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Stephanie Larsen

Interior Design Trend for 2017

Comfortable Living in Maintenance-Free Homes

People are gravitating toward maintenance-free home designs that are functional, durable and entertainment-friendly. They want to spend relaxed time with friends and loved ones without worrying about housekeeping.

In Sedona, with is mild climate nine months out of the year, the home’s interior design often centers around an indoor/outdoor lifestyle. People want to come here and swim in their pools, enjoy the outdoors, go for a hike and walk in with muddy red boots and not worry about white carpeting or a light-colored sofa. It’s a very hands-on approach to interior design.

Families want to hang out. They are congregating in game rooms, in media rooms and around smaller tables—both in the kitchen and outdoors—that are more intimate than the big long rectangle with someone sitting at the head.


Indoor sofas are becoming much more user-friendly. In addition to tried-and-true leather options, outdoor fabrics are making their way indoors. People can sit on a Sunbrella chenille sofa with a wet bathing suit and not worry about damaging it. Pretreating fabrics with nano-tech technology also reduces maintenance headaches: If someone spills a glass of red wine on the sofa, it doesn’t stain. It rolls right off.


Other durable design elements that are growing in popularity are placing porcelain tiles in bathrooms; selecting veneer, laminate, and foil cabinets; and installing floors that don’t scratch. I am seeing a big shift to natural stone and very smooth-textured hardwood floors. Oak is coming back. People weren’t using oak for a long, long time. It’s now becoming very popular. People are distressing oak, white washing it or cerusing it—highlighting the contrast between the grain and the rest of the surface. Flooring is becoming much more rustic. People would rather be outside enjoying the weather than cleaning and sealing their floors.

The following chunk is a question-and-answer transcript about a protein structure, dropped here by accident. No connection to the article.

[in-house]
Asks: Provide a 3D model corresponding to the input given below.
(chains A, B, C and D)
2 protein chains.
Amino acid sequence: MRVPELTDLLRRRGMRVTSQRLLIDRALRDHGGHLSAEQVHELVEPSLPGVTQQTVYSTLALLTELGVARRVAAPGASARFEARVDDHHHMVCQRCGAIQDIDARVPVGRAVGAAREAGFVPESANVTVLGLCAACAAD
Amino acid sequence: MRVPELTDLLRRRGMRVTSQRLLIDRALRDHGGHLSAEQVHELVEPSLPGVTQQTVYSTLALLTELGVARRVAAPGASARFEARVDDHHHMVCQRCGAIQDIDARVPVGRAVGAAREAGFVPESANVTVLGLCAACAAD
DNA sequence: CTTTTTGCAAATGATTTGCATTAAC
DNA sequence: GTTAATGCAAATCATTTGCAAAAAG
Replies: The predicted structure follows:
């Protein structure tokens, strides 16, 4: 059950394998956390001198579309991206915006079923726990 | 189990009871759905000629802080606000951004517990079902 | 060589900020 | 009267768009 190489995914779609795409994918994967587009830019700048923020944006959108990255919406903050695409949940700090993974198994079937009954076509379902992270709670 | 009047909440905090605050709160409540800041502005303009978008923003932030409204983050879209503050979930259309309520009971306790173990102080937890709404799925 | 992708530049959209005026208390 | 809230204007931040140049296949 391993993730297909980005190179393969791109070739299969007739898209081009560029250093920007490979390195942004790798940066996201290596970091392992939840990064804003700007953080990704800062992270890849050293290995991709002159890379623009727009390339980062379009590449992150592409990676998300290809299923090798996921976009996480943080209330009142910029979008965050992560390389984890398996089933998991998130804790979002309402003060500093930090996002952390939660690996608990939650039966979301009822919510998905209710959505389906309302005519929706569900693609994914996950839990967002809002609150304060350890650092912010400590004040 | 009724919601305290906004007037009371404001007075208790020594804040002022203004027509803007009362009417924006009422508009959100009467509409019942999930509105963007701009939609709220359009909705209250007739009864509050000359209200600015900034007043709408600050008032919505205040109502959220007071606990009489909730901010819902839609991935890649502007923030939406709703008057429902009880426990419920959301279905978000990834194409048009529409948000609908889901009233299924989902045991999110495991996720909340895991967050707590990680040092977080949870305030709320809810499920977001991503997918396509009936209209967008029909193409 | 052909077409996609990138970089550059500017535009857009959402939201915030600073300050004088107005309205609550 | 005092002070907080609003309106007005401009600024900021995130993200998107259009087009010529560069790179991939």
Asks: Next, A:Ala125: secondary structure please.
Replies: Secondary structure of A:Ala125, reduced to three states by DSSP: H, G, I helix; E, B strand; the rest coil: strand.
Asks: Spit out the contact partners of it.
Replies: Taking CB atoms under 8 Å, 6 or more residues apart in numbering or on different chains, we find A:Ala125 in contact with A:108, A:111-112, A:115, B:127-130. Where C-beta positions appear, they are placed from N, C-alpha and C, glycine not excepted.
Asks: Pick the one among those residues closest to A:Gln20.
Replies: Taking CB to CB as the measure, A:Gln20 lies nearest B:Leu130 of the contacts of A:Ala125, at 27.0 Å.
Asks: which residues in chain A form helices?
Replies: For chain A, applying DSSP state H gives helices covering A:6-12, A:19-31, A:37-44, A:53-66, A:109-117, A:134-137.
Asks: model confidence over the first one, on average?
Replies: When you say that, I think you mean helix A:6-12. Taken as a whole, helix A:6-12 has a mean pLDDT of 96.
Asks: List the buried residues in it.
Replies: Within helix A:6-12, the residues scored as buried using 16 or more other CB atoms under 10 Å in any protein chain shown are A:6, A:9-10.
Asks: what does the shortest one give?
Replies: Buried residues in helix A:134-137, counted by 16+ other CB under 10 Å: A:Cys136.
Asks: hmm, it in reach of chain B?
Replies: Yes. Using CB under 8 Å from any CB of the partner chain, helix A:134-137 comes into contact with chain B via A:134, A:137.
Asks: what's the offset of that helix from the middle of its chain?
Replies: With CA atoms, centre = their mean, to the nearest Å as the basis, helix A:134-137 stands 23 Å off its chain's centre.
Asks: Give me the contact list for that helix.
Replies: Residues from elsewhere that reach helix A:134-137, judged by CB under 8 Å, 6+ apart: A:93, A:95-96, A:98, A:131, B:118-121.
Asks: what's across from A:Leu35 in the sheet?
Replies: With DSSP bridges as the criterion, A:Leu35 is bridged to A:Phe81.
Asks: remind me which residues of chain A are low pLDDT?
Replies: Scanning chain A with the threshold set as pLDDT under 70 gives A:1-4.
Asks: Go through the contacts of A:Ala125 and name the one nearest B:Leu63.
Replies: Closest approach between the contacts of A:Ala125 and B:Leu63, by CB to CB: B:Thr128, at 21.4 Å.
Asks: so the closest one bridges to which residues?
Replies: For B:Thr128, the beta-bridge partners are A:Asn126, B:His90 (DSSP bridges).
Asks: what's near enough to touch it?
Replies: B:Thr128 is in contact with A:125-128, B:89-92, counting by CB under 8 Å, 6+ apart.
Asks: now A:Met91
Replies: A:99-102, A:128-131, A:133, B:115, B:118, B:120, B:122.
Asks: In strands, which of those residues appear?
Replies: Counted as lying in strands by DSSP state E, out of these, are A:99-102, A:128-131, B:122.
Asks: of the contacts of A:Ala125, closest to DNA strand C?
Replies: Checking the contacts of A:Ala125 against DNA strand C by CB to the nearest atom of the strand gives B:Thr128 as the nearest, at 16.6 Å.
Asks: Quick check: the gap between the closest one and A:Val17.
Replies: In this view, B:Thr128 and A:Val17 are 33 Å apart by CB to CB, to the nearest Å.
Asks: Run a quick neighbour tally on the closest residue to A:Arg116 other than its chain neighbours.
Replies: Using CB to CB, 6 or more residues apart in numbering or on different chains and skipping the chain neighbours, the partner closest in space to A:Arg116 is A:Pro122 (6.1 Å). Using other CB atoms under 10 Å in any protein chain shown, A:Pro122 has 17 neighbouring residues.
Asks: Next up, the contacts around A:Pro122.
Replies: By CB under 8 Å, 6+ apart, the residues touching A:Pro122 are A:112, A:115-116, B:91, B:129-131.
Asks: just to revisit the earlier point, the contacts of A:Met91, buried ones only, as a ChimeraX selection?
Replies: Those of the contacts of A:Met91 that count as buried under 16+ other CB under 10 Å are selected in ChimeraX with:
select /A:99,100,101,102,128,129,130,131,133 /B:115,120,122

Outdoor spaces are becoming intimate living areas. People are treating the outdoor space just like they are treating the indoor space. They are using area rugs, outdoor sectionals, swivel chairs, covered televisions, refrigerators, water features, sculptural elements, and a fire pit. I recently designed an outdoor dining table that has fire coming out the center. It’s a goreous focal

point for people to sit around and enjoy.


Technology is playing a bigger role in functional design. People want a smart-home approach. They want convenience at their fingertips whether they are in the kitchen, the bedroom or outside. They want to charge their phone with ease, activate the air conditioning or heat before they arrive, turn on the television if they are swimming in their pool, and control their lights with their phones. Ultimately, however, designed to fit a person’s personality and be easily livable. People don’t want to be stuck in a niche. They want the freedom to be who they are.

Written by Stephanie Larsen, an award-winning interior designer in Sedona, Arizona.

For more information on Stephanie Larsen and her Interior Design, visit: www.stephanielarseninteriordesign.com

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